Pick both sides: This is the ISM Adamo approach. The athlete sits on the two noses of the saddle, with the left and right inferior pubic rami resting on the left and right saddle noses, respectively. This works best when the athlete’s only contact is truly on the tip of the saddle, with most soft tissue off the front of the saddle. Pressure is on only the first few centimeters of the saddle’s noses, with virtually no other saddle contact. (This means for any constant body position, an ISM Adamo saddle should be installed 5 to 7 centimeters farther back.) For many riders, picking both sides may be the best of all possible worlds for the aero position.
Figure 12: Pelvis with two red circles representing twin saddle noses.
None of these strategies have been proven to be completely healthy; in all the regions listed there are important blood vessels and nerves that shouldn’t be compressed for long. Nevertheless, the tri position forces athletes to make a choice. The aero position is perhaps one of the least well understood in all of saddlery, so we are not saying any one of these is necessarily the best choice for everyone.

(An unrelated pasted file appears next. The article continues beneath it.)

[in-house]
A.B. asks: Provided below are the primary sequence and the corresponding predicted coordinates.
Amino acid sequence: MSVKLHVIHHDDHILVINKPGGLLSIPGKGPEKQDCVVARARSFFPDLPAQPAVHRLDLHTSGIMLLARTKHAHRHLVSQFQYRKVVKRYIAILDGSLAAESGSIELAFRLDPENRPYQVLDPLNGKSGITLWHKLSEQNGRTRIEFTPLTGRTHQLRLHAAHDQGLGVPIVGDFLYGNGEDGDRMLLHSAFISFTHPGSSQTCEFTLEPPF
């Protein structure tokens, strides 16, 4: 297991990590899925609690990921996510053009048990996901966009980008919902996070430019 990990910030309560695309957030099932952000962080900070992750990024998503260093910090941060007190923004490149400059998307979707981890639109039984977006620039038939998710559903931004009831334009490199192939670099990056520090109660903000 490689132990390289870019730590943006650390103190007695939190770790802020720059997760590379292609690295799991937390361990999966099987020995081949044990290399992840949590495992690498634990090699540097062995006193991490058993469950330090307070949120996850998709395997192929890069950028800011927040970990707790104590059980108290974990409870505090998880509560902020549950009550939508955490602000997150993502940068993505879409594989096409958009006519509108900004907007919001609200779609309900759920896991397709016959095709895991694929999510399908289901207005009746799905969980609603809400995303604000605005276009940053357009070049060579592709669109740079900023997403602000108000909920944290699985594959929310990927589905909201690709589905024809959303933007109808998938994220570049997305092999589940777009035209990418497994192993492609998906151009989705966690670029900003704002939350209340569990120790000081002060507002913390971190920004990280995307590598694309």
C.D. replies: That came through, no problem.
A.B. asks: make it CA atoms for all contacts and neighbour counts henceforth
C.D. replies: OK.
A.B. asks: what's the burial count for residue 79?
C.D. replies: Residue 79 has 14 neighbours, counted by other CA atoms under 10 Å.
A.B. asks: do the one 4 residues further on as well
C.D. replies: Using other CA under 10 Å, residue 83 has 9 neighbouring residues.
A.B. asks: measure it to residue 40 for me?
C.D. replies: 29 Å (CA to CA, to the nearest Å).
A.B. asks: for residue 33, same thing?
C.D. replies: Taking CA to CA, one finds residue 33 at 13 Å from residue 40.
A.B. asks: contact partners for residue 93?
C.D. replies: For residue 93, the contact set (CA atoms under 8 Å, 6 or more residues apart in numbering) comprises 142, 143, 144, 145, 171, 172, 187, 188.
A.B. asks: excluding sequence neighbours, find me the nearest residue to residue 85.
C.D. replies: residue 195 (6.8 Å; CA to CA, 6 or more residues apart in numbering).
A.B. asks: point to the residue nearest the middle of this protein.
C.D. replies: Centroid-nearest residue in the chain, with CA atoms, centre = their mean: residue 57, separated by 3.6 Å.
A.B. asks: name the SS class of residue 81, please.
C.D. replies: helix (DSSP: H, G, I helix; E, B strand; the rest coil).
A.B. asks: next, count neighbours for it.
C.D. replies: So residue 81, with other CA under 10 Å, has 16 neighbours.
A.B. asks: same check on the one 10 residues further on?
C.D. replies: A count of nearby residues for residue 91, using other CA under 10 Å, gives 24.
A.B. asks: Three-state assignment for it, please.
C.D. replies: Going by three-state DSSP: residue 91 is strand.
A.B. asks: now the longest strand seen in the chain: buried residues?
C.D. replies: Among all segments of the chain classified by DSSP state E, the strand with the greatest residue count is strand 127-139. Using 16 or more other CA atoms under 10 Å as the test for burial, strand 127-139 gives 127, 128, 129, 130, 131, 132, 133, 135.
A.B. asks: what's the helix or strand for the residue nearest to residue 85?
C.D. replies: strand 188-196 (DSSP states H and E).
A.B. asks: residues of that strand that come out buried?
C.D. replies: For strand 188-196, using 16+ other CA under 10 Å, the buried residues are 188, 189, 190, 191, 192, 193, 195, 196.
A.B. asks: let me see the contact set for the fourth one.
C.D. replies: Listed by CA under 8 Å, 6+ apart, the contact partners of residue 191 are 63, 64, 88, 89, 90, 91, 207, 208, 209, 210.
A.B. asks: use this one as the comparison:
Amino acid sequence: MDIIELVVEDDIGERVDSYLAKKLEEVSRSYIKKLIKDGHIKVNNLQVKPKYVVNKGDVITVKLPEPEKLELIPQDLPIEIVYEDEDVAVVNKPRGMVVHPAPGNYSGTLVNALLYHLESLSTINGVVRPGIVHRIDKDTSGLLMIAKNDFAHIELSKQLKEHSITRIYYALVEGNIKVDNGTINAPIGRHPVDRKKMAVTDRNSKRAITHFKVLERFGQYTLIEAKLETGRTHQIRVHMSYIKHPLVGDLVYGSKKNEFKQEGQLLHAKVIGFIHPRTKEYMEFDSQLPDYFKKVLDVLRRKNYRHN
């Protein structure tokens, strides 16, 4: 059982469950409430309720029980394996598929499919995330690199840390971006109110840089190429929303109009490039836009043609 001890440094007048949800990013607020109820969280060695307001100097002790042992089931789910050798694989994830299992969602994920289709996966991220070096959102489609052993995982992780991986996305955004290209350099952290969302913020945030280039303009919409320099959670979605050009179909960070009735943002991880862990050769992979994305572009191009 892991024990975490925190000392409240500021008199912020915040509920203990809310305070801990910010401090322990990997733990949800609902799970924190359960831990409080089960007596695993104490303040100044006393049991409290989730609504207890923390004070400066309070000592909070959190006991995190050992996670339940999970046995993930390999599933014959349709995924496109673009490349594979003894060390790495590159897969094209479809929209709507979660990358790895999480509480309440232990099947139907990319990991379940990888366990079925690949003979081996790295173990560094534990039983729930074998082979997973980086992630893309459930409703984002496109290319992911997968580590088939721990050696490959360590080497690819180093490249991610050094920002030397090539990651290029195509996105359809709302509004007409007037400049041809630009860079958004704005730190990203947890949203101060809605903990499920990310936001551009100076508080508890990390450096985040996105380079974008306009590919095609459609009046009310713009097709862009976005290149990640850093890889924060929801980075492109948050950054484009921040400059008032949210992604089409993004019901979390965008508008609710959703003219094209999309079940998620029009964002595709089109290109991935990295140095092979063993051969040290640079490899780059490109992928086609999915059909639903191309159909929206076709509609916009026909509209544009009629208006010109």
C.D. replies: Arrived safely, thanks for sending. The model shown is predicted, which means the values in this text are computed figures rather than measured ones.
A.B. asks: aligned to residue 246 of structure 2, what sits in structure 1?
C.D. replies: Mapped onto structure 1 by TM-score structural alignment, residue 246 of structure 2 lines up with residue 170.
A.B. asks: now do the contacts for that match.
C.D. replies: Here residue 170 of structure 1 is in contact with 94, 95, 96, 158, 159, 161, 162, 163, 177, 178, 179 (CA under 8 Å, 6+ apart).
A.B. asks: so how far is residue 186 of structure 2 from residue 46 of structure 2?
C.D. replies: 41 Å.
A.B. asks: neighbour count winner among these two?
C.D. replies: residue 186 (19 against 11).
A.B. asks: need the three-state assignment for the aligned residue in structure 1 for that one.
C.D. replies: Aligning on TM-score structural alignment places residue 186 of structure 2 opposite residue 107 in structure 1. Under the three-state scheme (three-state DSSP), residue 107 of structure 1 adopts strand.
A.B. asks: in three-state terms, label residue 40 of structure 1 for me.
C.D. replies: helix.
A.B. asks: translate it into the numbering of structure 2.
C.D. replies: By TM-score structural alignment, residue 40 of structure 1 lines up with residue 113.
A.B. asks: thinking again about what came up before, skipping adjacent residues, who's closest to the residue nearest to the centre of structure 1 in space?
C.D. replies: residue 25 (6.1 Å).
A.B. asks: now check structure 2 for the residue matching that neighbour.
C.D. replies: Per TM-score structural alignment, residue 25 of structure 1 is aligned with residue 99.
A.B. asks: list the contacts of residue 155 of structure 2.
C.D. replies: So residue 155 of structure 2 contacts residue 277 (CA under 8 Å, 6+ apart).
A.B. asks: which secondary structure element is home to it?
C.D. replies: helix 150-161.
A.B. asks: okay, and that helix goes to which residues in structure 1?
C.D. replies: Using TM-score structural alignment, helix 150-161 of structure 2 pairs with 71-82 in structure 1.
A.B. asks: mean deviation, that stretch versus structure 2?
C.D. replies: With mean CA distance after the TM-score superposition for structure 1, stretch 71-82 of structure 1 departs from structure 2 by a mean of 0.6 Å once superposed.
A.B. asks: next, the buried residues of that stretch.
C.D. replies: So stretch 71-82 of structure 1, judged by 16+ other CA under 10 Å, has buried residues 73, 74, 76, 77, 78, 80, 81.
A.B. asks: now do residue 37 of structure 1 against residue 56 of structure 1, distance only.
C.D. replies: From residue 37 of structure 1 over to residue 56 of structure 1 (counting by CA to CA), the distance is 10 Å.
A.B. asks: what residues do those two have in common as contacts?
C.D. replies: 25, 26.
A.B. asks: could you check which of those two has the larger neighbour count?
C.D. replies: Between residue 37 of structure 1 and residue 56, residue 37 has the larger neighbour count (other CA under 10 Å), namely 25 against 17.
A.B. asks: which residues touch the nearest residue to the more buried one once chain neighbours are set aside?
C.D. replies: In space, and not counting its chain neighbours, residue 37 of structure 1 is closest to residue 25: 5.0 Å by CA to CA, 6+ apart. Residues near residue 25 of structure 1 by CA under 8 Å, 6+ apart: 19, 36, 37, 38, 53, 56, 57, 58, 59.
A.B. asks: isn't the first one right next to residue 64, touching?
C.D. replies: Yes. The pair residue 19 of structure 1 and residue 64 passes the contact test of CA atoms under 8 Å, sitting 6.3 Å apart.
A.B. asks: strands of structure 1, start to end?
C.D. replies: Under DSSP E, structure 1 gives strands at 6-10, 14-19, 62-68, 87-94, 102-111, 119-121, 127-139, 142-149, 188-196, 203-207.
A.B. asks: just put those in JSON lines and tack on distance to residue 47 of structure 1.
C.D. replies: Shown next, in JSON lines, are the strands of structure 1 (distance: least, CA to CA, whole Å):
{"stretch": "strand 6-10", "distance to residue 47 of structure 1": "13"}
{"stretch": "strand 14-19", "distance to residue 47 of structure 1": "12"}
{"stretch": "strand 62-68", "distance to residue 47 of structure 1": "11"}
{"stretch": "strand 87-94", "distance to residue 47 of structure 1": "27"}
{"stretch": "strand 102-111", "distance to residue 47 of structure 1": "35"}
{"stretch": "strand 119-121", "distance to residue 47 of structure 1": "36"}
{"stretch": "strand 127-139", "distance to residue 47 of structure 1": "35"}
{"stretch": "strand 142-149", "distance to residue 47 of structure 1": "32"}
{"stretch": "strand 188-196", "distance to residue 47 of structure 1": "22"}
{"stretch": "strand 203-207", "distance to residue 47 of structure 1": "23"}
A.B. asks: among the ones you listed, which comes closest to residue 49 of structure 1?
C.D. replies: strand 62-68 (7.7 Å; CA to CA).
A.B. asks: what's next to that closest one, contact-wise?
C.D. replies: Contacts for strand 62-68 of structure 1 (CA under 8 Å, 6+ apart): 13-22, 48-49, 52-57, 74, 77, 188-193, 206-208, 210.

Cervélo pros had been using or experimenting with ISM Adamo saddles, so when we chose a saddle for our tri/TT bikes ISM was already near the top of the list. Since delivering Cervélos with ISM Adamo saddles, the response from athletes and customers has been generally positive. At the 2015 Ironman World Championship, ISM saddles topped the Bike Count. Nevertheless, saddle choice, as with all the contact points, is personal and individual. There is no single best solution for every rider.
- 1. Schwarzer et al., “Cycling and Penile Oxygen Pressure: the Type of Saddle Matters,” European Urology 41 (2002) 139-143.
- 2. Weiss, “Clinical Syndromes Associated with Bicycle Seats,” Clinics in Sports Medicine, Vol. 13 No. 1, January 1994.
- 3. Schrader et al., “Nocturnal Penile Tumescence and Rigidity Testing in Bicycling Patrol Officers,” Journal of Andrology, Vol. 23, No. 6, November/December 2002